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    (Original post by hxfsxh)
    No problem if you need anything else feel free to PM me
    Thanks again
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    (Original post by desmoulins)
    Hey! I realise you've already had an answer but I figured I might as well add my two pennies worth since it might help I did IGCSE French a couple of years ago, and for the oral I didn't really try to learn questions verbatim. I'd make sure I learnt 4/5 really nice sentences for each topic, and then a few of the really obvious questions for each topic (stuff like 'describe your family' or whatever, basically the 'introductory' ones that you know they'll ask first). The bullet points option is almost definitely the best, particularly since you could learn the whole thing off by heart and then get asked a surprise question.
    I assume you guys still have to do the picture thing at the start, I'd say learn that off by heart just for peace of mind & it's a nice easy start to the oral
    Seemed to work for me back in the day, I think I got full marks or something along those lines so??
    Best of luck!
    Wow, well done

    Although I was sort of thinking of doing the opposite - e.g. I could talk about my family on the spot easily, but talking about how we should combat global warming in Spanish under exam pressure might be something I'd need to learn... hmm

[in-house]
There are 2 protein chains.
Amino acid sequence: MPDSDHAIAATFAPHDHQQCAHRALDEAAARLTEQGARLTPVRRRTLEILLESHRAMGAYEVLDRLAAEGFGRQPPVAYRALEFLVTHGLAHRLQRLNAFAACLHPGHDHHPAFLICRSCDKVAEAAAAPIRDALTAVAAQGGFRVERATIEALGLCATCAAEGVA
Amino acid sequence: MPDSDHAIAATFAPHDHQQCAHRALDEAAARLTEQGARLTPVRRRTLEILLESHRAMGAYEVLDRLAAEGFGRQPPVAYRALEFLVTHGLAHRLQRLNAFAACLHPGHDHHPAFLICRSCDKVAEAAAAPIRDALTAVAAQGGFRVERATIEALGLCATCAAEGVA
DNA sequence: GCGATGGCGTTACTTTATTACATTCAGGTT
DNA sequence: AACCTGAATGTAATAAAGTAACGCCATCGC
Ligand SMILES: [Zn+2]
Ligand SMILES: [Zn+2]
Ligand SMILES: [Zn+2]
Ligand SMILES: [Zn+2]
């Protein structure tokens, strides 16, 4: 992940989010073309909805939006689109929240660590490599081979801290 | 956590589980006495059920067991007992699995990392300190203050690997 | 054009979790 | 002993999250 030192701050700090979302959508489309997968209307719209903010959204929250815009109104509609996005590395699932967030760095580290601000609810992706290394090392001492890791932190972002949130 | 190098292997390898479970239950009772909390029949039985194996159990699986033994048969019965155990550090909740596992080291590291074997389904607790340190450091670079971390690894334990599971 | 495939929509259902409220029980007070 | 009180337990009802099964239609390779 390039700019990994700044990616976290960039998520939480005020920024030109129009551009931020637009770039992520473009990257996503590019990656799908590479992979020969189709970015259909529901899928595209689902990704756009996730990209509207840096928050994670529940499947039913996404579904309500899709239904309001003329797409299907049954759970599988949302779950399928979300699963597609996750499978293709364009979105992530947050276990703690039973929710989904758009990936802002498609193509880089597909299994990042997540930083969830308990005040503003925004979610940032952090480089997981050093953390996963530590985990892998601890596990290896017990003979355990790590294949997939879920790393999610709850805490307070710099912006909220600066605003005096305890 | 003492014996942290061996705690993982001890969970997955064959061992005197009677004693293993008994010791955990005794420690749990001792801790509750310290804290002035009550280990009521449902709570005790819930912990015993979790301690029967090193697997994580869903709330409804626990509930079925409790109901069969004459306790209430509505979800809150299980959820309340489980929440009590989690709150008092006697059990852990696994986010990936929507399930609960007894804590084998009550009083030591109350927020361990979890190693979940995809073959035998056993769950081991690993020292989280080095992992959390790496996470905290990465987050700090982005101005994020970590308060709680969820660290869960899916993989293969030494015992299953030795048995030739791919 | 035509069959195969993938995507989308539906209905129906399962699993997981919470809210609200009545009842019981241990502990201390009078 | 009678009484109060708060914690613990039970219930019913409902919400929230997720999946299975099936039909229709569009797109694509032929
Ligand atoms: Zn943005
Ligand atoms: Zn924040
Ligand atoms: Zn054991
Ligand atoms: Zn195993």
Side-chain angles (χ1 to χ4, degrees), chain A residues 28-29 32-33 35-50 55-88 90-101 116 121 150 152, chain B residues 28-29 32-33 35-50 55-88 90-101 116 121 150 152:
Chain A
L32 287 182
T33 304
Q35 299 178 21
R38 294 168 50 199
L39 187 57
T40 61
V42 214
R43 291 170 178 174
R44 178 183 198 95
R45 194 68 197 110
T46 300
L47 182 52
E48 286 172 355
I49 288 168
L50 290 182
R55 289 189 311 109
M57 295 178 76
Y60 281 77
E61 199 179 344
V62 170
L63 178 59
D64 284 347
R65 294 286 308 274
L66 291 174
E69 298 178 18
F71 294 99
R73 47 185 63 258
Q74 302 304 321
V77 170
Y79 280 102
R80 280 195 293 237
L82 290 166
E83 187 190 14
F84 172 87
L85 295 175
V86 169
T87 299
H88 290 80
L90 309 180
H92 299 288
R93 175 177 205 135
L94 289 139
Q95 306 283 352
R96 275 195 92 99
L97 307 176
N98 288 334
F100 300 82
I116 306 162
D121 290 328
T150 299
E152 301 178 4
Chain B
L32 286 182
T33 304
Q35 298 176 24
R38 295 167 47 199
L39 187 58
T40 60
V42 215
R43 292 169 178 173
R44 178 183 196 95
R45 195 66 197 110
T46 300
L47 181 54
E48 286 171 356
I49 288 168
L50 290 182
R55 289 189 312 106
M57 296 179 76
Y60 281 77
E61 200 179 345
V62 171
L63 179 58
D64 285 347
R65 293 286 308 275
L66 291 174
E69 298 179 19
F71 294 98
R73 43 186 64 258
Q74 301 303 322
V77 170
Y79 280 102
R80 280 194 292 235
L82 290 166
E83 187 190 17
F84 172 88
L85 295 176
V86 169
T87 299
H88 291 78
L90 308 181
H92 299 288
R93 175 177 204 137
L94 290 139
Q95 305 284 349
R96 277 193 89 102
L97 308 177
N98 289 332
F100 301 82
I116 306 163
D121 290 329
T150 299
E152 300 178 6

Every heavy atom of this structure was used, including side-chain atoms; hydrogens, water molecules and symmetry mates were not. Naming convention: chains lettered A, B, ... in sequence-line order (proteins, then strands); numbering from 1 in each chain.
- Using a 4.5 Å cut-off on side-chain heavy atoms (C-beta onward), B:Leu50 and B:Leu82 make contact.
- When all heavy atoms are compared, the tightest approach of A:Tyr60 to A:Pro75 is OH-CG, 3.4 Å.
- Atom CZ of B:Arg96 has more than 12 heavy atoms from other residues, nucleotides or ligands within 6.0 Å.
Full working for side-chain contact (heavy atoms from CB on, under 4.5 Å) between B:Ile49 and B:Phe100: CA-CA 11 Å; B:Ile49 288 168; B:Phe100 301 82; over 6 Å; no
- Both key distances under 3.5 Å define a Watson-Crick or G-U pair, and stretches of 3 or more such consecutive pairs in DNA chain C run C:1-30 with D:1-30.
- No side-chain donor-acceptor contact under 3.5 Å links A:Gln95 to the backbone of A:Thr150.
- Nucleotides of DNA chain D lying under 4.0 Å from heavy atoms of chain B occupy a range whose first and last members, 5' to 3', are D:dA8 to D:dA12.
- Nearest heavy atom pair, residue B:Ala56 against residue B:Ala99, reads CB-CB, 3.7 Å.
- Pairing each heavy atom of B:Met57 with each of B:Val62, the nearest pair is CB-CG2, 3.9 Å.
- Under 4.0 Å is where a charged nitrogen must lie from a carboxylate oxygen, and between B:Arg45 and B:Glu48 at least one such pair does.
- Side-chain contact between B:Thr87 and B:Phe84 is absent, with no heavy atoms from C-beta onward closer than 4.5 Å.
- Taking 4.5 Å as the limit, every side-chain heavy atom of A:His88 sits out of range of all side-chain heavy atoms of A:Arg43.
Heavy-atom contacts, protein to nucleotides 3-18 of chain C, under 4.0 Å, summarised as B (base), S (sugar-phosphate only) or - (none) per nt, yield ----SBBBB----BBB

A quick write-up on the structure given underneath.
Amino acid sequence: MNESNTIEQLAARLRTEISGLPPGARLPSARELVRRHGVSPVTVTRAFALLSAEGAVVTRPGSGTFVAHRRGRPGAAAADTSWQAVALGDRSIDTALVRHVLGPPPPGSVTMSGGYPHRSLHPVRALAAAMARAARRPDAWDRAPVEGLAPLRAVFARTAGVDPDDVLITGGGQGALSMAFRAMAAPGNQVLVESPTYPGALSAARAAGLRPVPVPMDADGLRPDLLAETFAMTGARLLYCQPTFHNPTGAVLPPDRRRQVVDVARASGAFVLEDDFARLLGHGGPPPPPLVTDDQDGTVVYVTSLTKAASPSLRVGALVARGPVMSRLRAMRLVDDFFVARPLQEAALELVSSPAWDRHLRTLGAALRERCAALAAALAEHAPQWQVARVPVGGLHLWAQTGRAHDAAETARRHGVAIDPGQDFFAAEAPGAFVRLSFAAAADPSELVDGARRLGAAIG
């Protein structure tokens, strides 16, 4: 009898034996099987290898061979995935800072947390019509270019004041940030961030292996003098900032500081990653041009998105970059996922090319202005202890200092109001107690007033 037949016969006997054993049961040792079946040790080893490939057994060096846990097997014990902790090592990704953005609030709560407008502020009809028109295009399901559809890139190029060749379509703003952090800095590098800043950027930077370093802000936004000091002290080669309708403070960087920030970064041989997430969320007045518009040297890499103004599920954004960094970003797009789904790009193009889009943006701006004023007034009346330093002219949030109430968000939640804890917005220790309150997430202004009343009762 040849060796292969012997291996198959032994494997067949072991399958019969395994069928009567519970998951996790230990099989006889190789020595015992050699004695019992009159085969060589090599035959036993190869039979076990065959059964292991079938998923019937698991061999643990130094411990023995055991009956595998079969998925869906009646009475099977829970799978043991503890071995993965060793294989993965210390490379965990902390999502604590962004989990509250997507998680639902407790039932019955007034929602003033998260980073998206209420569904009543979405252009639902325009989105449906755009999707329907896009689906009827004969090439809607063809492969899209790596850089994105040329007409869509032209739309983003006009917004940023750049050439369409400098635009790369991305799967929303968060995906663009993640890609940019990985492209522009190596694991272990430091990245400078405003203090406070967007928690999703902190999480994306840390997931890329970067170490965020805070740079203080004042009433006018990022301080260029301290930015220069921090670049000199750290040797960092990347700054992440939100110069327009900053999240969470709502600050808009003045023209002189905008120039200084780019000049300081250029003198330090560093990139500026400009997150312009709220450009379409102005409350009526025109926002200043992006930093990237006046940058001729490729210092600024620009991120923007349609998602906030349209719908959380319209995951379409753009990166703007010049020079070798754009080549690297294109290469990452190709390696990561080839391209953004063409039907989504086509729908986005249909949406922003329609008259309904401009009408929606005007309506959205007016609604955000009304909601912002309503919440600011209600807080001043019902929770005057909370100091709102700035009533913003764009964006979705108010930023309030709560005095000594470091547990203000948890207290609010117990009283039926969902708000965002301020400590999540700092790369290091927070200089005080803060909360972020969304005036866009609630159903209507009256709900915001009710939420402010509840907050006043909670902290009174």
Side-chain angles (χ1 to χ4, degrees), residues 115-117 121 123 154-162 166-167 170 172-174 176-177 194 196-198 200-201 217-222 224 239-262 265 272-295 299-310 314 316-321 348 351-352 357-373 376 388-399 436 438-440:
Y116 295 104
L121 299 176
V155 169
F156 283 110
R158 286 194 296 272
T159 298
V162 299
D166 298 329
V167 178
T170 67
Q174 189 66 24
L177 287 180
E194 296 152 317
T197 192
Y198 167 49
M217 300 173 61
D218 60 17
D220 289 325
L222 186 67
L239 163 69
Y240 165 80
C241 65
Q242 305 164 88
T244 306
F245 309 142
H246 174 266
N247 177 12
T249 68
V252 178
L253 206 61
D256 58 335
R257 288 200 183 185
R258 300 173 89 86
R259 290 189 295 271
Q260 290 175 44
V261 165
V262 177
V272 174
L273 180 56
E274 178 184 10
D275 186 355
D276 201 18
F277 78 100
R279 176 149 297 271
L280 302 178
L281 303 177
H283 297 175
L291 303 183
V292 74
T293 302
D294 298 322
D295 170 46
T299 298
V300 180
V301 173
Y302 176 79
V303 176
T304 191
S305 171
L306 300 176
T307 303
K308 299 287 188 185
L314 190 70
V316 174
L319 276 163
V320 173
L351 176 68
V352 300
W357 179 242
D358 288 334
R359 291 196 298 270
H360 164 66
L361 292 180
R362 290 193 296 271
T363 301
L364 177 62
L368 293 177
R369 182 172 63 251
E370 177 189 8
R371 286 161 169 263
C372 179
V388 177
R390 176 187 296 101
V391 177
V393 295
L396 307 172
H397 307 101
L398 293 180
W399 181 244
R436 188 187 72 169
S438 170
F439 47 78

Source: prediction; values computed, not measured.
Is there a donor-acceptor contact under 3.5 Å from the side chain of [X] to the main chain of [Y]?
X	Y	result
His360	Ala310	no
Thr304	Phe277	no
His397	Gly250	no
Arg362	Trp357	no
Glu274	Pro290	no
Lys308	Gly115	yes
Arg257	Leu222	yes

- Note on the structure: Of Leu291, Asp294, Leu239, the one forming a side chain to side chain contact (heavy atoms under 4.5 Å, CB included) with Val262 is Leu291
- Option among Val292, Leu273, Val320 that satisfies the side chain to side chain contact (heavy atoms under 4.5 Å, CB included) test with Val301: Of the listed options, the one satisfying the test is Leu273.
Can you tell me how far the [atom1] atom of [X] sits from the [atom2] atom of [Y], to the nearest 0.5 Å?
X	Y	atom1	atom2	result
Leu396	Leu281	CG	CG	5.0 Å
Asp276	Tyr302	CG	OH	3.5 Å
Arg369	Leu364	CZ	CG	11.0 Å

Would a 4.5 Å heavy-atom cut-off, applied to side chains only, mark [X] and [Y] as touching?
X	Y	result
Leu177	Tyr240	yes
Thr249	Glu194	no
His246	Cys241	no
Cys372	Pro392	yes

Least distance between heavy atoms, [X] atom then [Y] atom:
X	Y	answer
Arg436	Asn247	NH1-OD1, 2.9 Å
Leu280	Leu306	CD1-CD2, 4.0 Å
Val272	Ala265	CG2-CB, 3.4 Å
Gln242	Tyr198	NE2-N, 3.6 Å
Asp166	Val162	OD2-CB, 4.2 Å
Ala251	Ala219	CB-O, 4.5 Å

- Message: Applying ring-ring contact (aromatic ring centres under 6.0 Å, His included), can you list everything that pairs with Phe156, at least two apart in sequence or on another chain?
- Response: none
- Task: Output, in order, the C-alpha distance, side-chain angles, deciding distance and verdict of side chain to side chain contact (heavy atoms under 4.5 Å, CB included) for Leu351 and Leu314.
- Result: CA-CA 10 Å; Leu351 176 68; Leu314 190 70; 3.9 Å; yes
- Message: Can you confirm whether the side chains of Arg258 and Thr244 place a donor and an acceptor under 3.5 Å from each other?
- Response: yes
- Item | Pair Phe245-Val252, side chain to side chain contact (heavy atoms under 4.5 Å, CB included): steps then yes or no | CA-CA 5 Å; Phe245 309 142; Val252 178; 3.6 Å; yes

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    (Original post by surina16)
    AQA?
    Nope - Edexcel
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    (Original post by Throwaway314)
    Wow, well done

    Although I was sort of thinking of doing the opposite - e.g. I could talk about my family on the spot easily, but talking about how we should combat global warming in Spanish under exam pressure might be something I'd need to learn... hmm
    Ahh thanks! It feels so long ago now...
    I reckon that would work too, I think the only risk is that those questions just won't come up. We always got 10-12 questions per topic, with them getting progressively more obscure/harder but I really can't remember being asked anything much beyond 'where do you like to go on holiday'. I'd always make really nice long answers to the first questions because I could spend the whole time on that (thus avoiding the weird questions) and it'd also be a nice calm way to ease into the oral.
    Honestly though, just do what works for you and makes you feel most at ease (and don't panic too much- I remember going into mine crying- because it sounds like you'll do pretty well).
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    (Original post by desmoulins)
    Ahh thanks! It feels so long ago now...
    I reckon that would work too, I think the only risk is that those questions just won't come up. We always got 10-12 questions per topic, with them getting progressively more obscure/harder but I really can't remember being asked anything much beyond 'where do you like to go on holiday'. I'd always make really nice long answers to the first questions because I could spend the whole time on that (thus avoiding the weird questions) and it'd also be a nice calm way to ease into the oral.
    Honestly though, just do what works for you and makes you feel most at ease (and don't panic too much- I remember going into mine crying- because it sounds like you'll do pretty well).
    Thanks I've got my mock today... Then it will just take a lot of practice.